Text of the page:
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2. Activate your dormant market
A brand's market share can sometimes become complacent, and it stops increasing. We saw how Tylenol reacted quickly and efficiently to the threat of Datril in the previous case, and as a result, they roused their audience.
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However, you do not have to wait until your brand is under attack to begin defending it. With marketing strategies that maintain your position, grow your brand further, and guarantee your competitors don't make any substantial advances, you may remind existing customers and attract possible new customers.
3. Initiate specific actions
Tesco took certain specific efforts to defend its territory when US retail behemoth Walmart chose to attack the UK store area.
Tesco was able to derail Walmart's plans in the UK by using data intelligence from its Clubcard customer loyalty programme.
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Tesco handed out targeted coupons and promos to existing customers, as well as lowering costs in-store for all customers in order to compete with Walmart.
To defend your market share, use your unique customer insights to implement particular measures.
4. Make improvements to your product
Defending your brand can sometimes be as simple as making minor changes to your product or service. We saw how Facebook was able to battle Google Plus with a simple new feature in the last case.
In other circumstances, you may need to take a more radical approach and make a significant change to outperform your competitors.
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However, you must be careful not to make too many changes to your present product, or you may lose customers. For example, when Coca-Cola changed the taste of their drink to match Pepsi and produced the sweeter-tasting New Coke, their defence plan backfired, undermining their brand and upsetting their core consumer base.
As a result, rather than attempting to steal Pepsi's customers, Coca-Cola had to return to its original recipe in order to placate its customers and maintain its brand position.
5. Make a price adjustment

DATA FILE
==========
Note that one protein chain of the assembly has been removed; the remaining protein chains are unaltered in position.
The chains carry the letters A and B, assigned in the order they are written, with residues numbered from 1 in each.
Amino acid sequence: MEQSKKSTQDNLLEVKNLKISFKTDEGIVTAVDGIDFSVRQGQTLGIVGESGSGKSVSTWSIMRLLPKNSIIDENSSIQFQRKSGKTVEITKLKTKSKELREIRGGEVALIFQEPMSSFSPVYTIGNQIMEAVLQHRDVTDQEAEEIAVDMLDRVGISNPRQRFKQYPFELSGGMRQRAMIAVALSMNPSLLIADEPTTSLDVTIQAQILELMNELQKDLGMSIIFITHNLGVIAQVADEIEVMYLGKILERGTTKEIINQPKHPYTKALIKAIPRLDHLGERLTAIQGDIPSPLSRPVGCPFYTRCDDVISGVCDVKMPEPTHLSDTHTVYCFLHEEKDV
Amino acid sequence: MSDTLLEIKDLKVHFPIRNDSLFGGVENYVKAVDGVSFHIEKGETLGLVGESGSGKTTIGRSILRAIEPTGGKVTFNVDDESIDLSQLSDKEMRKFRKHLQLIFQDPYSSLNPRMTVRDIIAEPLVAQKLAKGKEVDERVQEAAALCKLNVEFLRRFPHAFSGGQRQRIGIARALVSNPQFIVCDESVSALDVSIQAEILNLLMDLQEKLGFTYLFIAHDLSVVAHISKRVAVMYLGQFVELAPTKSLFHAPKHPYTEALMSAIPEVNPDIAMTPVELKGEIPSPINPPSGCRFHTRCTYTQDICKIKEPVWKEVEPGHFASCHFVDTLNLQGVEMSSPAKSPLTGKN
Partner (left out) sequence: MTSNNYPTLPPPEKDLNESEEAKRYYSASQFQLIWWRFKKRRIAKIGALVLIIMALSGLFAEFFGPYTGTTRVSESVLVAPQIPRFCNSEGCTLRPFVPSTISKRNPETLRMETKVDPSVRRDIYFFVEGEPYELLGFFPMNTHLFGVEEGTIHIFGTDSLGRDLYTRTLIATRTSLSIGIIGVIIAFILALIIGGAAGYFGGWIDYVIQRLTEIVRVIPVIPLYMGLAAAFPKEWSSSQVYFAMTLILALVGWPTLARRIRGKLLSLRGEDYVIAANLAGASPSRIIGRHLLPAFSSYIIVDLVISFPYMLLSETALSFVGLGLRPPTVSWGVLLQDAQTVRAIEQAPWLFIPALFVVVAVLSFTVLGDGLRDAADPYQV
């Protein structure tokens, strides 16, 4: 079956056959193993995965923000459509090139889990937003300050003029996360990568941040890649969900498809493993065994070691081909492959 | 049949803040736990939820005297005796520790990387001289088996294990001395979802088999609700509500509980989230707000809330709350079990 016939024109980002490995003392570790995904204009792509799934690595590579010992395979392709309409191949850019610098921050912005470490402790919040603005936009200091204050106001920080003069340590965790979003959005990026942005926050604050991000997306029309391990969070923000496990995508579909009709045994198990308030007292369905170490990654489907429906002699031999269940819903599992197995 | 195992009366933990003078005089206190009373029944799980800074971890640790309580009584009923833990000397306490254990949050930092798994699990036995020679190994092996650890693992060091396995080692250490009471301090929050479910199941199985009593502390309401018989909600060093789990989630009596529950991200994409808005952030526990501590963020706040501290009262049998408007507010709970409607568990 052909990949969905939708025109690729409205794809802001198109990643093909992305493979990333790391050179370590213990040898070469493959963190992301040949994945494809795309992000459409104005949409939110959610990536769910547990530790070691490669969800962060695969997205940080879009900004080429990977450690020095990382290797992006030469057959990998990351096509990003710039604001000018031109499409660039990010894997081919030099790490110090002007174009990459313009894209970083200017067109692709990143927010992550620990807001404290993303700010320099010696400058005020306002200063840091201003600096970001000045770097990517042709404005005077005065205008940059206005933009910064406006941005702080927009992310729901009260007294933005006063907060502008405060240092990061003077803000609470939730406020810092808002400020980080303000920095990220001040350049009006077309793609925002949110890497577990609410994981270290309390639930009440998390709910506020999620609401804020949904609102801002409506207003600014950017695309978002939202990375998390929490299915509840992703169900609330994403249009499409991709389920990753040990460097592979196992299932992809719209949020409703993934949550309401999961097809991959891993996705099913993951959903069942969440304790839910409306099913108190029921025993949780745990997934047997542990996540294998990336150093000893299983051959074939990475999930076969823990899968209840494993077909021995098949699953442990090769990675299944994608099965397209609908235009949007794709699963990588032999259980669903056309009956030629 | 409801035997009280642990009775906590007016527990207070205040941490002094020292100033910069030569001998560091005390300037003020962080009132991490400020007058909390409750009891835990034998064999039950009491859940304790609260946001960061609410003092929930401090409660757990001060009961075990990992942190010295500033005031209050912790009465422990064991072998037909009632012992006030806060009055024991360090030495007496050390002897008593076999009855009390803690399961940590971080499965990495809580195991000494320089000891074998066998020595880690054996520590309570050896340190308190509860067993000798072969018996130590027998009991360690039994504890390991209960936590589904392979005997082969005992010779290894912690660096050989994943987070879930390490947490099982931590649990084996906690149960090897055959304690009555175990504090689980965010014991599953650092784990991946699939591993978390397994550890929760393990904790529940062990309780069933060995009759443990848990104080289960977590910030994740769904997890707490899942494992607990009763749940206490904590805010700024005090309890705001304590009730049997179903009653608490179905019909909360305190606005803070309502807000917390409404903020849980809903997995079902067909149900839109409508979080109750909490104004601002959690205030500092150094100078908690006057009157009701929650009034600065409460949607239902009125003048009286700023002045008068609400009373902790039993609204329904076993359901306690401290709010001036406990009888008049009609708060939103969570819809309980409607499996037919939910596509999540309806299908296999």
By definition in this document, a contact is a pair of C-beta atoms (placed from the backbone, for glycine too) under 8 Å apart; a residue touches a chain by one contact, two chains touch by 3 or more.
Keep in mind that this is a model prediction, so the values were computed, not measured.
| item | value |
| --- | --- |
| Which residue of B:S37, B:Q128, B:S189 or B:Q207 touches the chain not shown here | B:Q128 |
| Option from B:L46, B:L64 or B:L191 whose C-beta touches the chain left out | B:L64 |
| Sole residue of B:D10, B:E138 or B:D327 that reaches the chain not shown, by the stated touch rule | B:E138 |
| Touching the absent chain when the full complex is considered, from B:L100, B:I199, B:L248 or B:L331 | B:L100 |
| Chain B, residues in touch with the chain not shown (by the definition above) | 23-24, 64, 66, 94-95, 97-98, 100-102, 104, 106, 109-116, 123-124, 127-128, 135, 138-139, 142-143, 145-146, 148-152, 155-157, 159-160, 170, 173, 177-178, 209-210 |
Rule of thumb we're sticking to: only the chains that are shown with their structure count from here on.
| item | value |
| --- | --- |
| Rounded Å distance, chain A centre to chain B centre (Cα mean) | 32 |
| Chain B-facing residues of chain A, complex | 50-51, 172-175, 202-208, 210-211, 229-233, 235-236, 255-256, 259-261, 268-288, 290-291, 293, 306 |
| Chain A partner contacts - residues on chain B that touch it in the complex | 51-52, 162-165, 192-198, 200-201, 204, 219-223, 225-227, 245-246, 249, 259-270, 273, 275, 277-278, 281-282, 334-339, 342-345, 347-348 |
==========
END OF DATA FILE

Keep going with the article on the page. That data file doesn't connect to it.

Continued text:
Changing your pricing is a common defensive technique. However, this does not always imply a lower price. The following are four possibilities:
If you want to establish yourself as a premium alternative and make your consumers feel particularly special, raise your prices. Mercedes, for example, maintains higher costs than its competitors.
Make a new price model available, such as a subscription-based service. Premium automakers such as Audi, BMW, Lexus, and Mercedes, for example, are experimenting with a car subscription service.
6. Advertise your strengths
When confronted with a new rival, advertising is a tried and true defence method. And, in most cases, a well-known brand or market leader should have more money to invest.
If the defensive brand has ten times the income of the rival and they both spend 20% of their revenue on advertising, the defender still has ten times more money to invest.
(Speaking of revenue, check out our blog on Revenue Deficit)
However, the advertising budget isn't the only factor to consider. It's all about how you spend that money.
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In a nutshell
All in all, we would like to conclude by saying that new competitors must be kept in mind by all brands, especially market leaders.
Startups can pounce overnight in the internet age, so be on the lookout. It's likely that if you don't defend your brand's position, you'll lose some customers. In the worst-case scenario, you could lose your entire business.
As a result, make sure you have a strong defensive marketing strategy in place to safeguard your brand, often known as your brand moat. And try to keep as many of your current consumers as possible while expanding your market share.